There were plans for the RAF to operate the BAC 1-11 as an air ambulance. The RAAF did order some , but the RAF did not. There were also plans for BAC 1-11 AWACS and as VIP communications aircraft.
The RAF did acquire some second hand 1-11’s ( vis Boscombe Down and RAE….RF ) Why the Royal Flight had old looking Andovers instead of VIP 1-11’s is a mystery. After all I flew executive 1-11 400’s in Saudi, and there were many VIP 1-11’s in the Middle East.
The RR Tay engine would have made the BAC 1-11 as good as the Fokker 100 and MD80 or better. The 2-11 was never ordered. I was told that Mr Laker had plans for a 3-11. The Romanians had plans for a stretched 1-11 with Tay engines in 1991, and asked BA to be the launch customer. This offer was not taken up. Whilst in Saudi I was told that the VIP operators were planning to buy some 500 series and fit Tay engines with extra fuel tanks in the cargo holds. These executive aircraft would be able to cruise at 39000ft during long range flights. At this high altitude the pressure differential would shorten airframe life, however as executive jets fly less hours than airliners, this was not seen as a problem. Owing to the lack of support regarding the Tay engine, the modifications did not go ahead. Whilst the British Government and big business failed to support British aviation, other countries, mainly the USA went ahead and obtained big orders for their shorthaul twins. Back in 1959, I remember looking out of the window of a Handley Page Hermes, or a Vickers Viking, and noting with pride that nearly all the aircraft on the apron were of British manufacturers. Unfortunately, it is a very different story now. Thank goodness for our stake in Airbus. There was a plan to sell specially modified BAC 1-11’s that could cope with tropical conditions to Air Rhodesia at the end of 1966. A BAC 1-11 flight simulator was sold to Rhodesia. Other countries including Zambia, and many others all over Africa would have benefited. This modified 1-11 400 would have been an ideal short haul aircraft. However, after UDI was declared in Southern Rhodesia, all exports were banned, and the UK lost massive orders and a boost in employment. This vacuum was quickly filled with Boeing 737’s. If this modified 1-11 had gone ahead in Africa, many other orders would have been obtained from airlines in tropical areas of the world.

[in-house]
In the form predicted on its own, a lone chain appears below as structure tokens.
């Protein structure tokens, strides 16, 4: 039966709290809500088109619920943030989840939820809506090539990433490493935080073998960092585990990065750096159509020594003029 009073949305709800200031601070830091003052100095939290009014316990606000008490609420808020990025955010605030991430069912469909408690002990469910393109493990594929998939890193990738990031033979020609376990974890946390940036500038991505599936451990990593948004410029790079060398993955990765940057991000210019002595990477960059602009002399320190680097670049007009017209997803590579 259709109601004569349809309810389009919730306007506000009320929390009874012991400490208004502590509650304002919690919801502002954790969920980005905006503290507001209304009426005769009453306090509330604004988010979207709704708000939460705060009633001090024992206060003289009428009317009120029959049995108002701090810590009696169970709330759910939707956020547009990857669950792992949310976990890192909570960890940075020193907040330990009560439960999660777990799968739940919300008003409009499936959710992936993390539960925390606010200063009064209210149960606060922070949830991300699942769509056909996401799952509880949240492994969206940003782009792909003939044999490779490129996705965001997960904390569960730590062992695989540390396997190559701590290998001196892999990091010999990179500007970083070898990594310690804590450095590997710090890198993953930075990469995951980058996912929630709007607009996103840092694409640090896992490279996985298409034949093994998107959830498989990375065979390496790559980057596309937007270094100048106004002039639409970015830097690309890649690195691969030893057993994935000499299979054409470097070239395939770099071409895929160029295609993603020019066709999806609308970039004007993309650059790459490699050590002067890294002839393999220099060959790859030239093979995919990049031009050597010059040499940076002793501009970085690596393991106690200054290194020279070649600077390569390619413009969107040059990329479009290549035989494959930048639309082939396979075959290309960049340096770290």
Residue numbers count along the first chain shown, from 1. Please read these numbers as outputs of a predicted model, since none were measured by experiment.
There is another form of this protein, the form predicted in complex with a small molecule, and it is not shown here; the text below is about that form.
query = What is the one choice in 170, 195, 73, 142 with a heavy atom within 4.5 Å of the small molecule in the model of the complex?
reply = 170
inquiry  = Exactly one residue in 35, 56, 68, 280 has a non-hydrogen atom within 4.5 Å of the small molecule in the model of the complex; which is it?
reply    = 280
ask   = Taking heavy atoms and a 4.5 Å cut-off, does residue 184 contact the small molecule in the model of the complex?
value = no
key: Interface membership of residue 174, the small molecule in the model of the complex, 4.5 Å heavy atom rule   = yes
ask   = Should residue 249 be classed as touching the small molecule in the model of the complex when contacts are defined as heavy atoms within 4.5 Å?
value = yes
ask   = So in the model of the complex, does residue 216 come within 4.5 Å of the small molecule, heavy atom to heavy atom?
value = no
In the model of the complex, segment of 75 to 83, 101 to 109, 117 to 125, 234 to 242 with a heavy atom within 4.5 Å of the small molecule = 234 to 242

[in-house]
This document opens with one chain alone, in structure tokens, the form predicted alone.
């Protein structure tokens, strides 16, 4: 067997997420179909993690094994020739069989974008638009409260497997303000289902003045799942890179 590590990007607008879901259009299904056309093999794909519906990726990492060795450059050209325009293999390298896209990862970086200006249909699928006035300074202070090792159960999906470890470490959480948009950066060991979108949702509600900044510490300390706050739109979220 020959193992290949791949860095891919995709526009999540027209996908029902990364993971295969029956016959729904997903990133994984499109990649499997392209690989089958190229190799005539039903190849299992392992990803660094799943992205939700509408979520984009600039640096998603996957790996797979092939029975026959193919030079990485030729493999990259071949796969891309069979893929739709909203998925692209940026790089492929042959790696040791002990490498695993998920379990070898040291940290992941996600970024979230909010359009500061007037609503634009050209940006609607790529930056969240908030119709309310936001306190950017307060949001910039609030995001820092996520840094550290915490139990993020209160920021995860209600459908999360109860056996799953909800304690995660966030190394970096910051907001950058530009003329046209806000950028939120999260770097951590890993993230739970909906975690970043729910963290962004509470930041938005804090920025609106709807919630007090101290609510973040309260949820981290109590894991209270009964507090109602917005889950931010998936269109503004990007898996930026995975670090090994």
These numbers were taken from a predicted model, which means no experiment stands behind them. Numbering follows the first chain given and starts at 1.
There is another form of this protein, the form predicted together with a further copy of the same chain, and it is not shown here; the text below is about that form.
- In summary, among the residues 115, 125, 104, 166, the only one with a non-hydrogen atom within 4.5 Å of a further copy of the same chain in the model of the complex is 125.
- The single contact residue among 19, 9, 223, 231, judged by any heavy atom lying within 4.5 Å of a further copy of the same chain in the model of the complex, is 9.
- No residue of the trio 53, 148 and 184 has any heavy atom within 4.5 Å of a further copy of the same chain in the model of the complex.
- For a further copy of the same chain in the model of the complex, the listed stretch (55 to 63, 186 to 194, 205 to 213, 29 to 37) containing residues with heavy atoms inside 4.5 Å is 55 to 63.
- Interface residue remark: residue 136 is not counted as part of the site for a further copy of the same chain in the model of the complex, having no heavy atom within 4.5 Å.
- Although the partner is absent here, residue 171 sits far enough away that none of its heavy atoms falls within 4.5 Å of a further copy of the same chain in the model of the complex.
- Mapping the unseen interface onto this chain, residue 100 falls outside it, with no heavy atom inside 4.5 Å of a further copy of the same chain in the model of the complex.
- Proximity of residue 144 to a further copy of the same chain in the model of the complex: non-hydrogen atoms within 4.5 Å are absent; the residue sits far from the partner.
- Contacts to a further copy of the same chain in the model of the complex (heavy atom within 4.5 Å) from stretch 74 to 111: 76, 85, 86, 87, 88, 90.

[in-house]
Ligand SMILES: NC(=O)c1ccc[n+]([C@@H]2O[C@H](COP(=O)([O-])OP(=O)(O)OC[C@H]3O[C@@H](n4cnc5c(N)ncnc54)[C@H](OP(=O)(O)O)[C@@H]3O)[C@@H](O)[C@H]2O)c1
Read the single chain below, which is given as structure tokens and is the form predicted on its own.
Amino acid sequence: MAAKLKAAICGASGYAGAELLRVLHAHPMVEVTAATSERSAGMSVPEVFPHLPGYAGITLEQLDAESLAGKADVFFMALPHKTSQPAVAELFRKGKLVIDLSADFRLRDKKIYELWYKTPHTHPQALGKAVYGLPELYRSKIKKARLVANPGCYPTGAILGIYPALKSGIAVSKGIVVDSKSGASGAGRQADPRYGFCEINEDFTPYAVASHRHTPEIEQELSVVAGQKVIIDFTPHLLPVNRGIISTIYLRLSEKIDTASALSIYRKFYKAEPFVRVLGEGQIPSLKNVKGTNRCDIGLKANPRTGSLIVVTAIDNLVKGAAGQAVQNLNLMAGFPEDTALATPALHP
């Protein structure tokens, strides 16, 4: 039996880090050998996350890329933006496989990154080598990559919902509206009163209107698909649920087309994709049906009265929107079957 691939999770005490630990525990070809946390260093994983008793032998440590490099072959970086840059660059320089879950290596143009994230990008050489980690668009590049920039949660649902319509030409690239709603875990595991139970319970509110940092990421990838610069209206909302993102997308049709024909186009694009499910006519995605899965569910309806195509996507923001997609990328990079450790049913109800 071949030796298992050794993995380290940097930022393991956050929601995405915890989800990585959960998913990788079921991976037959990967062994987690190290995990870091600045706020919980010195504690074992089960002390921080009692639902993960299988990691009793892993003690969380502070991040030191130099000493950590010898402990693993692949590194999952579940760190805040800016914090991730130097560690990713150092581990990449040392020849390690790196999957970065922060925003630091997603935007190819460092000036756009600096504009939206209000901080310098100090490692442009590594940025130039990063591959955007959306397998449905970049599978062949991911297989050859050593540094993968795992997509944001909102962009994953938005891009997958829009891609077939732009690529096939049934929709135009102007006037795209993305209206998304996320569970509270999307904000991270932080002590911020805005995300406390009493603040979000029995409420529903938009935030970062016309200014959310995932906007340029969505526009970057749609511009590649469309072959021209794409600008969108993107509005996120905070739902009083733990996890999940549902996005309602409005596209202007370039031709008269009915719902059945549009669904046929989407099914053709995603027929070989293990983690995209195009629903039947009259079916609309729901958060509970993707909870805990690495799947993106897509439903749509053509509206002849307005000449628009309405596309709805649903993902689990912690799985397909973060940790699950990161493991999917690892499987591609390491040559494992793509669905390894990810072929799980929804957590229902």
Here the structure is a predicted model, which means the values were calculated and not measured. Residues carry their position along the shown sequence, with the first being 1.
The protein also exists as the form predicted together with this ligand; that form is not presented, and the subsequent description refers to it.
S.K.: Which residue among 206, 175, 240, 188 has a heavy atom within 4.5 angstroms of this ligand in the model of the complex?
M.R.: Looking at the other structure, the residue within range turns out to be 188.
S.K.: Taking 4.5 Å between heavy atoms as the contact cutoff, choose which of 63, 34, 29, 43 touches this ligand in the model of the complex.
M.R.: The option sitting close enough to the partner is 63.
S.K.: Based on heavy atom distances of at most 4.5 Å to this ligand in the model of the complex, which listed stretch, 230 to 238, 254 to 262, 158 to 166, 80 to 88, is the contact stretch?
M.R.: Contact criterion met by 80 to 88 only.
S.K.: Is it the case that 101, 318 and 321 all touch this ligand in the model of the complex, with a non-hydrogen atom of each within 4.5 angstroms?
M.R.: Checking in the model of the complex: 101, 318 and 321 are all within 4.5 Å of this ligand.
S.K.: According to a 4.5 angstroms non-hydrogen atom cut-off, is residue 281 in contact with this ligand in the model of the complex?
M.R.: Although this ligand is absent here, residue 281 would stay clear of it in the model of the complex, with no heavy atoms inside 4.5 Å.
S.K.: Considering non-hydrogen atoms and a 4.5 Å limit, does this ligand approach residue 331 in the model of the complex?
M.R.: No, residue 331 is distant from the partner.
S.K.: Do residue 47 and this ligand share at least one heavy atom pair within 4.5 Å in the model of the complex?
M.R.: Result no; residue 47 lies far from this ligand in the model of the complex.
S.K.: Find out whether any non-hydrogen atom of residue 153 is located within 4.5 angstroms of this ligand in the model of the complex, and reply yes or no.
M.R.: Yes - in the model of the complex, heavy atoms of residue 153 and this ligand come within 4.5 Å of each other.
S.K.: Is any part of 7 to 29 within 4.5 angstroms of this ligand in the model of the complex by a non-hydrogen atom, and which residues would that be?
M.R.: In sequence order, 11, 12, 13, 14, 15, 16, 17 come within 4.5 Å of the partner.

Michael Brett, November 2007.